In the experimental documentary “The Witches of the Orient,” the women of the 1964 Japanese Olympic volleyball team recall their whirlwind rise to gold-medal glory. The former champions wryly and modestly narrate their own story in new interviews, while the movie uses chic archival footage to set up a mythic reconsideration of their triumphs.
The team members met when they were workers at a textile factory in Kaizuka, Japan, where they were known as Nichibo Kaizuka, after the name of the company and the name of the town. To their European competitors, they were known by the racist moniker Oriental Witches. Some onlookers joked that their skills resulted from magic, but the film shows that their ability of course came from meticulous practices. Players somersaulted, dove and leapt for the ball, and their efforts were filmed by the Japanese Olympic Committee in 1964. That footage has now been recycled into this documentary.
In these remarkable archival recordings, the team’s youthful faces glow against bright green, red or white uniforms, and they are shown to be as precise on the court as they are in the factory. When the director Julien Faraut begins to splice the sequences of the team’s practices with shots from a 1984 animated series that they inspired, the cuts from real events to illustrations appear seamless.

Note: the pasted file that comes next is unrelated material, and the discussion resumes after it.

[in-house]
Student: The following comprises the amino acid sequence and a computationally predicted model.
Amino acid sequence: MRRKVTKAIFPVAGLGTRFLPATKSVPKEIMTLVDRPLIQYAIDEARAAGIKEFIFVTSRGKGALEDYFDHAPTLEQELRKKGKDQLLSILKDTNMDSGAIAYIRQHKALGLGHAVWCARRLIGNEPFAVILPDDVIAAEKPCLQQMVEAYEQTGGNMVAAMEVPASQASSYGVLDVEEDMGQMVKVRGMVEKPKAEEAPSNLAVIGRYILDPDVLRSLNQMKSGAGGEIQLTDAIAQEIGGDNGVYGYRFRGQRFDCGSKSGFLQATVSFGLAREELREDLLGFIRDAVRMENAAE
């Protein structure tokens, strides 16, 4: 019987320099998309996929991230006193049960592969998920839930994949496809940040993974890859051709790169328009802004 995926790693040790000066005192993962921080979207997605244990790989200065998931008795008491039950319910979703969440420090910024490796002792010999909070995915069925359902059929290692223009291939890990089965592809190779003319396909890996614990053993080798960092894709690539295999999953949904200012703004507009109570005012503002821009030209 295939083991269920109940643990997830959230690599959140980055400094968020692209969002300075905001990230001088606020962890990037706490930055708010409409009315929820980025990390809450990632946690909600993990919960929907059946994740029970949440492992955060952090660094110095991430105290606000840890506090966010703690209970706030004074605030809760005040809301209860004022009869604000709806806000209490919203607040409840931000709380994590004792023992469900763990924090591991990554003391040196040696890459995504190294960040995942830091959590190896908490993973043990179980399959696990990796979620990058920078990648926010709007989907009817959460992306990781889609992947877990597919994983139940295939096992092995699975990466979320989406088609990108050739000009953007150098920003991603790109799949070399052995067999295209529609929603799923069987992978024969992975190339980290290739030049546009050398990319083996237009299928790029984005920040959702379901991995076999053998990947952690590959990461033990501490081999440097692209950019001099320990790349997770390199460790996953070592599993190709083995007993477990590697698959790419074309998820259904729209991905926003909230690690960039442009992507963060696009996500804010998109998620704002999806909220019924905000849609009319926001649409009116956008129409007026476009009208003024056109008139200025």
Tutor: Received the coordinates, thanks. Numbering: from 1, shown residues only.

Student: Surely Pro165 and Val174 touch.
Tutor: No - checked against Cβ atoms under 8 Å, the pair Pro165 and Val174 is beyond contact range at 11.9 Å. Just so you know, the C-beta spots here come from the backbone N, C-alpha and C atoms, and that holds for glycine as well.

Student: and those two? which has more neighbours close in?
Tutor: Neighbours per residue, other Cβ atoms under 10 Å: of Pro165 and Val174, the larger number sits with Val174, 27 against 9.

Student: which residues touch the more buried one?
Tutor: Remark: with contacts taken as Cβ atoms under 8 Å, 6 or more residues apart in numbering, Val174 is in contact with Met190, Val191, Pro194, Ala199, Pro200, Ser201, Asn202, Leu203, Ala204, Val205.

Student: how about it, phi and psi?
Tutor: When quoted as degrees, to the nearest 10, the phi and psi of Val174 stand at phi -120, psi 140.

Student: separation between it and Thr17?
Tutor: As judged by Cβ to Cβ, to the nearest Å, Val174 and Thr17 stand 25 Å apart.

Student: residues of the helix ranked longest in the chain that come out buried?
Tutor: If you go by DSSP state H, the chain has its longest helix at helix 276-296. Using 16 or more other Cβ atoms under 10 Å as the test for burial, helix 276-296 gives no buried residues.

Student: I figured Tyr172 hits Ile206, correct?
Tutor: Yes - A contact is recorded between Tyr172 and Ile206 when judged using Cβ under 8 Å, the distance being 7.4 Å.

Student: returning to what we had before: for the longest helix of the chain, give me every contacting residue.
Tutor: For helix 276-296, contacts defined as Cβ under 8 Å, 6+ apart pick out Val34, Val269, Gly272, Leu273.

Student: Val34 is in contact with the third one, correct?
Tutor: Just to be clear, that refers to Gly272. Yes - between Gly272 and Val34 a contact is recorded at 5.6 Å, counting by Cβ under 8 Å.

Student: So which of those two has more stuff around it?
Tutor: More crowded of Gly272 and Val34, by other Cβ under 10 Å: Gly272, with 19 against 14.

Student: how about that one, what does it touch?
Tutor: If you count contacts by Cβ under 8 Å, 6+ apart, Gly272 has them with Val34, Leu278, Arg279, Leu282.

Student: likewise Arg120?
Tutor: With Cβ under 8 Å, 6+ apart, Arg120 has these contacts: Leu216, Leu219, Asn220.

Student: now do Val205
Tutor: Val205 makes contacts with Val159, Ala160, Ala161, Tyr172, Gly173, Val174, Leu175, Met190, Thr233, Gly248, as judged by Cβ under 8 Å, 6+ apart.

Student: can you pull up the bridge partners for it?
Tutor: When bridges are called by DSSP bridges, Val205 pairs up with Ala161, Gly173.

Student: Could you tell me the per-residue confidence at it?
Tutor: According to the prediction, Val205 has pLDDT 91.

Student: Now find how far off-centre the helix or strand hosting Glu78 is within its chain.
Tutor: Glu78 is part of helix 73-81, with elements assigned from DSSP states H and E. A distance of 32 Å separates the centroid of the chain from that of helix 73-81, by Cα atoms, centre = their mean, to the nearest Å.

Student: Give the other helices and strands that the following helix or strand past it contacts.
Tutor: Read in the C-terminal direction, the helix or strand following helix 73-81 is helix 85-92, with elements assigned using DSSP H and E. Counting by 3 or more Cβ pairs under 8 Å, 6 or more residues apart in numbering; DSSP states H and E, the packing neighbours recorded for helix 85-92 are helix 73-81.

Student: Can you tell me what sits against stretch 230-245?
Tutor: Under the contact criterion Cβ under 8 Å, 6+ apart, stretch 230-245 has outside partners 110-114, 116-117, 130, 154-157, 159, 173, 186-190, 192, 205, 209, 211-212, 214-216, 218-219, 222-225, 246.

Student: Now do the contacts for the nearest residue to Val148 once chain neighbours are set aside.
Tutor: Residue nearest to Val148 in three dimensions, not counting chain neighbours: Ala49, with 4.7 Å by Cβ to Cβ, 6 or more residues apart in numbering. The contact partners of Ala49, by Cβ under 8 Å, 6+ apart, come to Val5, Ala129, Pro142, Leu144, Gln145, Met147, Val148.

Faraut filmed the members of the Nichibo Kaizuka in the present day, but he wisely centers the archival footage and the animation in his movie, building a collage from fragments of the past and present. Montages are set to a hip electronic score, complete with Portishead needle drops. If the team was derided by their prejudiced (and defeated) foes in the moment of their success, this documentary elegantly restores the glow of legend, saving the champions the trouble of having to explain their heroism in words.
The Witches of the Orient
Not rated. In Japanese, with subtitles. Running time: 1 hour 40 minutes. In theaters.
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